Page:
Spring 2009

The Newsletter of the Minnesota GIS/LIS Consortium

Table of Contents

MN GIS/LIS Consortium

From the Chair
Conference Planning
Volunteer Opportunities
Scholarship Winners

Drive to Excellence Update
USNG in Minnesota
Mn/DOT GIS Portal
LCC-GIS and Redistricting

Governor's Council
CTU and USNG standards out for review
Next Generation 9-1-1

Services Forum Results
Address Point Synchronization

Tracking Utility Trucks
Watershed E. coli Study

Mapping Floods
Improvng Flood Maps
Height Modernization

URISA Skills Survey
MHS Map Exhibit

Randy Johnson, ESRI GIS Hero

Other Places
Web 2.0 for Local Government
Economics and Place



Mapping a Flood … Before it Happens
Adapted from USGS press release

What's missing from flood forecasts? Maps. The only maps generally available today are maps used for planning. They are maps of theoretical floods, not maps of flooding forecast for an approaching storm. The U.S. Geological Survey (USGS) and the National Weather Service (NWS) have developed a way to bring flood forecasting and mapping together, producing flood maps for tomorrow's flood today. Developed by USGS scientists, the FloodPath software system can create a flood map days before a storm actually hits and put the map on the internet in time for those in harm's way to react.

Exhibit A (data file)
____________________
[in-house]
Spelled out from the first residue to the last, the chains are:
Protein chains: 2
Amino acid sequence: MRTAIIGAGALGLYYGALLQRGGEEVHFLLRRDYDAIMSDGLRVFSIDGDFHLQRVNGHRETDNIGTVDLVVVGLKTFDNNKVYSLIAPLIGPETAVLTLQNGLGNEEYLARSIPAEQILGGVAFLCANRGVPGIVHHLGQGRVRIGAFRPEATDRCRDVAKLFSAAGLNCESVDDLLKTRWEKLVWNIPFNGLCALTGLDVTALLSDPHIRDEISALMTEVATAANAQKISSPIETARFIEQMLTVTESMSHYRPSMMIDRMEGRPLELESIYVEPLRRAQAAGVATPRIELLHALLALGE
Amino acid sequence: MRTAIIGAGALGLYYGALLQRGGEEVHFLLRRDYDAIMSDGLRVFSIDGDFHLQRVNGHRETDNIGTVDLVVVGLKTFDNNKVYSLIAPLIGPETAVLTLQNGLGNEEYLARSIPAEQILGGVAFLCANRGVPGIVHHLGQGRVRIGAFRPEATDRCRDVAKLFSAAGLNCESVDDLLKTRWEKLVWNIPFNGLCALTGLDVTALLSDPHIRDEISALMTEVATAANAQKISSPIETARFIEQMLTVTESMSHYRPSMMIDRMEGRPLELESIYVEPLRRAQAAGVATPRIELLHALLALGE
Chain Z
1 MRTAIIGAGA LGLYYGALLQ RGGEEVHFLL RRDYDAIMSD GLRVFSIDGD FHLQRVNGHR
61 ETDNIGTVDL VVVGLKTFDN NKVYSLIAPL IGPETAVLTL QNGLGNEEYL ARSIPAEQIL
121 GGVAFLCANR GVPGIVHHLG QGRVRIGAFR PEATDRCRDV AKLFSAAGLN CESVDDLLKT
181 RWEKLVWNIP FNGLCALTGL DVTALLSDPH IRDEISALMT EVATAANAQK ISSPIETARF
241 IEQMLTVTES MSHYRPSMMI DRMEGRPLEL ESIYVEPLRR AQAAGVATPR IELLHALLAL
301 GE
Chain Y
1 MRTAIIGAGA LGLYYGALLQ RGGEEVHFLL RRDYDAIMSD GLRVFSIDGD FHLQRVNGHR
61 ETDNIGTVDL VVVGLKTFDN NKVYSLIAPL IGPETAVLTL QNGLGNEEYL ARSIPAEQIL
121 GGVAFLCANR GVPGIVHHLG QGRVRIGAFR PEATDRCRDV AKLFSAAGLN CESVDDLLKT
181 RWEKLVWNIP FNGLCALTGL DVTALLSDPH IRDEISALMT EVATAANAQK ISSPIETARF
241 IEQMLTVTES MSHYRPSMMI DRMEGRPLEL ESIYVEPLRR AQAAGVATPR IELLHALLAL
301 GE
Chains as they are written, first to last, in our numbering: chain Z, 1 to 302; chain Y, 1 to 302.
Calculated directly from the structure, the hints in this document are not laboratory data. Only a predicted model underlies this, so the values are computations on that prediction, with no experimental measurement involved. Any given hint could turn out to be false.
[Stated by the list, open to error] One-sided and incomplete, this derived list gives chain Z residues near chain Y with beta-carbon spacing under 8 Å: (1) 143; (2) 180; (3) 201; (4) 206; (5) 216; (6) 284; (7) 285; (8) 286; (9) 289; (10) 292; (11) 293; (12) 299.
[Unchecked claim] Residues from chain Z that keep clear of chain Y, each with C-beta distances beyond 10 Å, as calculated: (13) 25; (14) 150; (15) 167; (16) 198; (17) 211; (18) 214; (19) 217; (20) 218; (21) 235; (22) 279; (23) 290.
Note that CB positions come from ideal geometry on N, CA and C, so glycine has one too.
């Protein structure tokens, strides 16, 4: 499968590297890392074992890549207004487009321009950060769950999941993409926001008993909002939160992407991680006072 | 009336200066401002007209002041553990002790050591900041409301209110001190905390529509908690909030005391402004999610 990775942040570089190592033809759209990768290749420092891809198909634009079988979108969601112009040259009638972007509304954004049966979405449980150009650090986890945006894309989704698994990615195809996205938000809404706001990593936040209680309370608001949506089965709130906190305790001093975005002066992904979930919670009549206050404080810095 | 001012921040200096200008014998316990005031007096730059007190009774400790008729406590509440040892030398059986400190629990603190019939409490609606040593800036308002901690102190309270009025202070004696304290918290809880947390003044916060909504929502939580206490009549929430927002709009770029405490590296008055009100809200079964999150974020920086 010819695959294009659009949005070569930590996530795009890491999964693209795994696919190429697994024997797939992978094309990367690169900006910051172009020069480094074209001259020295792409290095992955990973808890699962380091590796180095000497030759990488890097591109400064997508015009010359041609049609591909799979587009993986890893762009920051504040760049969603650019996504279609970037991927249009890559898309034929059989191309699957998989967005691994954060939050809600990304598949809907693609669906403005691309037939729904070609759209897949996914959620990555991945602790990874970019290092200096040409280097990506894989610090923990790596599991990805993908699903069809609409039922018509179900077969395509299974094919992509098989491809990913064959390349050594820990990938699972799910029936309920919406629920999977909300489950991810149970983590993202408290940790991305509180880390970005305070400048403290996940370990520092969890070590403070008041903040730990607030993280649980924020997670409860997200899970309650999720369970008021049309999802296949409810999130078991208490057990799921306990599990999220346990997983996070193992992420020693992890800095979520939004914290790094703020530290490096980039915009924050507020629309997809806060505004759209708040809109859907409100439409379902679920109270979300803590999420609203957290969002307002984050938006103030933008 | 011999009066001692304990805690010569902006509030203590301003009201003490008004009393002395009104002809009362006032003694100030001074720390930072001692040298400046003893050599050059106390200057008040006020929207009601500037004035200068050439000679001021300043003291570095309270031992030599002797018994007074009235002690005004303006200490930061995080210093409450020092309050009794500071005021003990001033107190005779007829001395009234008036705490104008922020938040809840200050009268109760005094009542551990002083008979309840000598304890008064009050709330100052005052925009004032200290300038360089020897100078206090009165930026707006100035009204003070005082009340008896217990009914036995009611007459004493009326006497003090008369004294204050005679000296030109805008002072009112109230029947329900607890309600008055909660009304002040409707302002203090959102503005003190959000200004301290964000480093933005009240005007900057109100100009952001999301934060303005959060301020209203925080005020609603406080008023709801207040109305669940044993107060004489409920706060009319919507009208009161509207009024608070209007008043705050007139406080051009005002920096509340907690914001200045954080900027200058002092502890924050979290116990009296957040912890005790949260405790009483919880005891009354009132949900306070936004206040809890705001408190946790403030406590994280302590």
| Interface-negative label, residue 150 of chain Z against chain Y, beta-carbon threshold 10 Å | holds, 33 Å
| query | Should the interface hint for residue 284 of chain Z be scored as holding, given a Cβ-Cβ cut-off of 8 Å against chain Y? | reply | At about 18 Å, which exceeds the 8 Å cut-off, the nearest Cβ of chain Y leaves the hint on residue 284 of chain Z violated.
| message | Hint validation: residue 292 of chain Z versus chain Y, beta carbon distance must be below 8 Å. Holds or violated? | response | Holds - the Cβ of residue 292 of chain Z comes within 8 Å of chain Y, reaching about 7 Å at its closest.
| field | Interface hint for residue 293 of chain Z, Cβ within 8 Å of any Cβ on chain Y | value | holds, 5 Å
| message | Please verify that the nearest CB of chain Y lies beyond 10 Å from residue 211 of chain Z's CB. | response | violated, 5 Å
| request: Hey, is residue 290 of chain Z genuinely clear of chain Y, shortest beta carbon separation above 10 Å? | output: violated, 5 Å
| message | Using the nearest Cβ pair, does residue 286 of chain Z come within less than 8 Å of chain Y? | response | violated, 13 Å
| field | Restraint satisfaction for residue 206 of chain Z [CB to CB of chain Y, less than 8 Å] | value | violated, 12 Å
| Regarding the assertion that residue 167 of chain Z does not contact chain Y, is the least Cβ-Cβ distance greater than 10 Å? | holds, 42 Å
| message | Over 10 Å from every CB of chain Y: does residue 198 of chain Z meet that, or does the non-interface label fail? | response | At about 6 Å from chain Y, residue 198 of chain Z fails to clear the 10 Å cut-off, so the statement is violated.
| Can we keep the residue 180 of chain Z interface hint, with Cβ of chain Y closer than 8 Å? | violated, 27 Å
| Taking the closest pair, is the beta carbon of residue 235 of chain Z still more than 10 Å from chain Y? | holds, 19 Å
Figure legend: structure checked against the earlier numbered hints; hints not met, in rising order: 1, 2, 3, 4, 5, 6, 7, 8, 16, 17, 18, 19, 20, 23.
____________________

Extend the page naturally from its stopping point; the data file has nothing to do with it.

The NWS issues a forecast flood hydrograph (plot of flow vs. time) for a particular location and USGS uses the hydrograph to create a flood-inundation map. The USGS has developed methods to make maps of these forecast floods for long stretches of a river near forecast points. These maps fill a critical information gap in flood forecasting: information on when and where floodwater from an approaching storm will arrive. The maps also show how deep the water is expected to be all across the floodplain. In essence, these methods combine to make a somewhat obscure "peak forecast elevation" into a map with flooded areas, times-of-arrival, and flood depths.

A number of new technologies and methods make the creation of flood forecast maps possible. First is the ability to get very accurate elevations throughout the floodplain quickly and affordably. This is done with "LIDAR" technology. Second is a computer program (TRIMR2D) that can simulate flood flows all across the floodplain and many, many miles downstream from the forecast point. Third is spatial analysis software (GIS) that turns the model results into maps and overlays them on other maps like a map of a neighborhood, or even onto an aerial photograph. Last is software (IMS) that makes the maps available on the Internet in a flexible and user-friendly way.

More information on this project can be obtained by:

A geographic information system (GIS) takes LIDAR elevations data and information from the TRIMR2D model to build maps of areas that likely will be inundated, based on the National Weather Service forecast flood.